The Immigration Bill 2015/16 is currently making its way through parliament and is likely to be in force very soon.
The Home Office wants to make it harder for an illegal worker to live and work in the UK. The vast majority of compliant employers will have to be even more vigilant in establishing procedures that prevent employment of illegal workers, particularly in those sectors with a high employee turnover such as retail and hospitality.
In addition to the current £20,000 per illegal worker civil penalty, it will be a criminal offence to hire someone who an employer knows or has reasonable cause to believe is an illegal worker, with an increase in the maximum custodial sentence on indictment from two to five years for the employer.
The Bill introduces a power to close the business of an employer who continues to employ illegal workers for up to 48 hours. If the business can prove that the employer has conducted right to work checks the closure notice can be cancelled. Where this cannot be proved the closure may continue and the business will be subject to a greater degree of ongoing scrutiny around its right to work checks.
The Bill also introduces an Immigration Skills Charge (ISC). The ISC will be payable by employers sponsoring overseas workers. The Treasury will set the level of the charge, although the Migration Advisory Committee (MAC) has made general recommendations of £1,000 per immigrant worker.
Who is responsible for Right to Work checks?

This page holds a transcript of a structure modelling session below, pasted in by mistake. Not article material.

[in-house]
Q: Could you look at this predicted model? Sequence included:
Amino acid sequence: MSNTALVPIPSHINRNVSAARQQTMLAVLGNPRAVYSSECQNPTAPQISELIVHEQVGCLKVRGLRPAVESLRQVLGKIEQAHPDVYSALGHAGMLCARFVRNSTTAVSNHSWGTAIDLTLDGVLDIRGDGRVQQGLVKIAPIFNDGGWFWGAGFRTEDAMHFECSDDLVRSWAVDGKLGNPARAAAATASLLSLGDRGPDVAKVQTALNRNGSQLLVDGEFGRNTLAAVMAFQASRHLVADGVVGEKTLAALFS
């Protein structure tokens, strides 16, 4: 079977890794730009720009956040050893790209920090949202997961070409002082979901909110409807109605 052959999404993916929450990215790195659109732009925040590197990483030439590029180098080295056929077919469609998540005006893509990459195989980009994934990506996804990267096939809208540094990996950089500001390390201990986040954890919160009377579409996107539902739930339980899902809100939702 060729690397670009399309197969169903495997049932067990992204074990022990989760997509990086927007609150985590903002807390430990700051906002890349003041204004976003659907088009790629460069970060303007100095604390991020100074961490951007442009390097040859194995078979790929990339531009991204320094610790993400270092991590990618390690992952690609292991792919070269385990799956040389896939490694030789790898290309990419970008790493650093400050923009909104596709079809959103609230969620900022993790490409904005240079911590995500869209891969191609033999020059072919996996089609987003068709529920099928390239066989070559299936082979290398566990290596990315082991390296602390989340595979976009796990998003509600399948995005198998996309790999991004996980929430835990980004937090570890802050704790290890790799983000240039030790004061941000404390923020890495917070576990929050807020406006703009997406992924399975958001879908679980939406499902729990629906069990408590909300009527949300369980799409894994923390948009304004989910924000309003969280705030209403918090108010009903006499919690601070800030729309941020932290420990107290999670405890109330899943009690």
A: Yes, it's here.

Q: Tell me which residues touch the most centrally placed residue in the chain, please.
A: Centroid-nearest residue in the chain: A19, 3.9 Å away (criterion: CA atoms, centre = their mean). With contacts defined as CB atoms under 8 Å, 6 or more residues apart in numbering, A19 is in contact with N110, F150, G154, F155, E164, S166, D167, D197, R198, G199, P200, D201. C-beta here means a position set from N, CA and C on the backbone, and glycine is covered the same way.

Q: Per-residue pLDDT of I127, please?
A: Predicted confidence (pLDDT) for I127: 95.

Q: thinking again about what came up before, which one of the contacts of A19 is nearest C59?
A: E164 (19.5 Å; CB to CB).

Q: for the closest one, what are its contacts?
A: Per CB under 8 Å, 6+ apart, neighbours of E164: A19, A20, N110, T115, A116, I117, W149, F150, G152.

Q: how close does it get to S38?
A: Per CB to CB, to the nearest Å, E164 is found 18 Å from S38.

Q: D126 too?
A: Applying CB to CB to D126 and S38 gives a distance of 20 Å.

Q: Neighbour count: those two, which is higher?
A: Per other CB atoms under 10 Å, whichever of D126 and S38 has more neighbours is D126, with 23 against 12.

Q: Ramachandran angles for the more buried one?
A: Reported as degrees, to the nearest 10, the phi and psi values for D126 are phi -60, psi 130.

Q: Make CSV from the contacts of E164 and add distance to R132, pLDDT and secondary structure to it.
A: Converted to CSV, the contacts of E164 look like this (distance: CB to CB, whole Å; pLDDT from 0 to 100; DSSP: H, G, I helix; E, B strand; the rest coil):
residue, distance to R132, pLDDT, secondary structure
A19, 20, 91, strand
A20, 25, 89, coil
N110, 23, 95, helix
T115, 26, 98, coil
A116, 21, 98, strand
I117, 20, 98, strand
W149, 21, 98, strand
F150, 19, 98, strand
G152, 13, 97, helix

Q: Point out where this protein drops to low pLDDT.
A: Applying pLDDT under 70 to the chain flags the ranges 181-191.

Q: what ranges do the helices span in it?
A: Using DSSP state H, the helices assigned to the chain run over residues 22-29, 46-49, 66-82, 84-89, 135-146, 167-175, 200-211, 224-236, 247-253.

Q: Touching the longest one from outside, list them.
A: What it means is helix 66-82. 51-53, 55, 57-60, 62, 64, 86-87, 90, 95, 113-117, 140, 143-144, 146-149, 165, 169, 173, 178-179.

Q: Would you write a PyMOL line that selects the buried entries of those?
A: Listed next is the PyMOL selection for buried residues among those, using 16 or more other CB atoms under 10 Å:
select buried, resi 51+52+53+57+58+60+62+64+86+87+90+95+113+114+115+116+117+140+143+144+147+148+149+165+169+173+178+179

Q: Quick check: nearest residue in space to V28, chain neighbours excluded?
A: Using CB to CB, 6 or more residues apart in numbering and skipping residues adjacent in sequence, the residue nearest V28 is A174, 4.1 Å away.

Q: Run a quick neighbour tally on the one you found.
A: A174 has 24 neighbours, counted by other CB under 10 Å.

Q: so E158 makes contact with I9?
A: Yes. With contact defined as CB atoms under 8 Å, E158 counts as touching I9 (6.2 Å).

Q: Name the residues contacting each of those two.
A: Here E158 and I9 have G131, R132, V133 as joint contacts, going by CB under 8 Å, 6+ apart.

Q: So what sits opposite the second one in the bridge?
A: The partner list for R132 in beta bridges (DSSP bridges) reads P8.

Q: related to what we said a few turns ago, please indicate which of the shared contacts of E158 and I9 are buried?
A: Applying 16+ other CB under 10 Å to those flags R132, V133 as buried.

People issues rest with the HR department. Therefore HR professionals should ensure that:
- The business understands why it must conduct Right to Work checks and when – the check must be carried out before an employee starts work, not afterwards
- They avoid discrimination claims by ensuring checks are carried out consistently on all potential new employees, and don’t forget the expats
- The Right to Work check is conducted properly. Simple mistakes such as failing to record the date of the check or not signing it can open up an employer to a £20,000 penalty per worker, and reputational damage.
Top tips to help you remain compliant
- Make having robust Right to Work compliance checks in place throughout the organisation a priority. If you are concerned about any historical compliance conduct a sample review so you can identify areas for improvement
- Remember the Home Office is not expecting employers to be forensic experts. Your role is not to work out whether a document is false or not. It is to carry out checks with care and in accordance with the Home Office’s published guidance
- Consider the training given to HR and recruitment staff in your organisation; is the need to do these checks an integral part of your employee on-boarding and emphasised to all your HR teams?
- Communicate with the business early on and continue to keep them updated as the rules and requirements change – however the country votes on 23 June, immigration will remain on the agenda
- Understand that anyone who works without permission, anyone who works while on a business visitor visa, or any student who works more hours than allowed under the terms of their visa, are all potentially working illegally. Immigration rules aren’t straightforward, so seek legal advice if unsure
- At your next budget meeting don’t forget Right to Work-related tasks and adjust your resource requests accordingly.
Punam Birly is partner at KPMG Legal Services – Employment & Immigration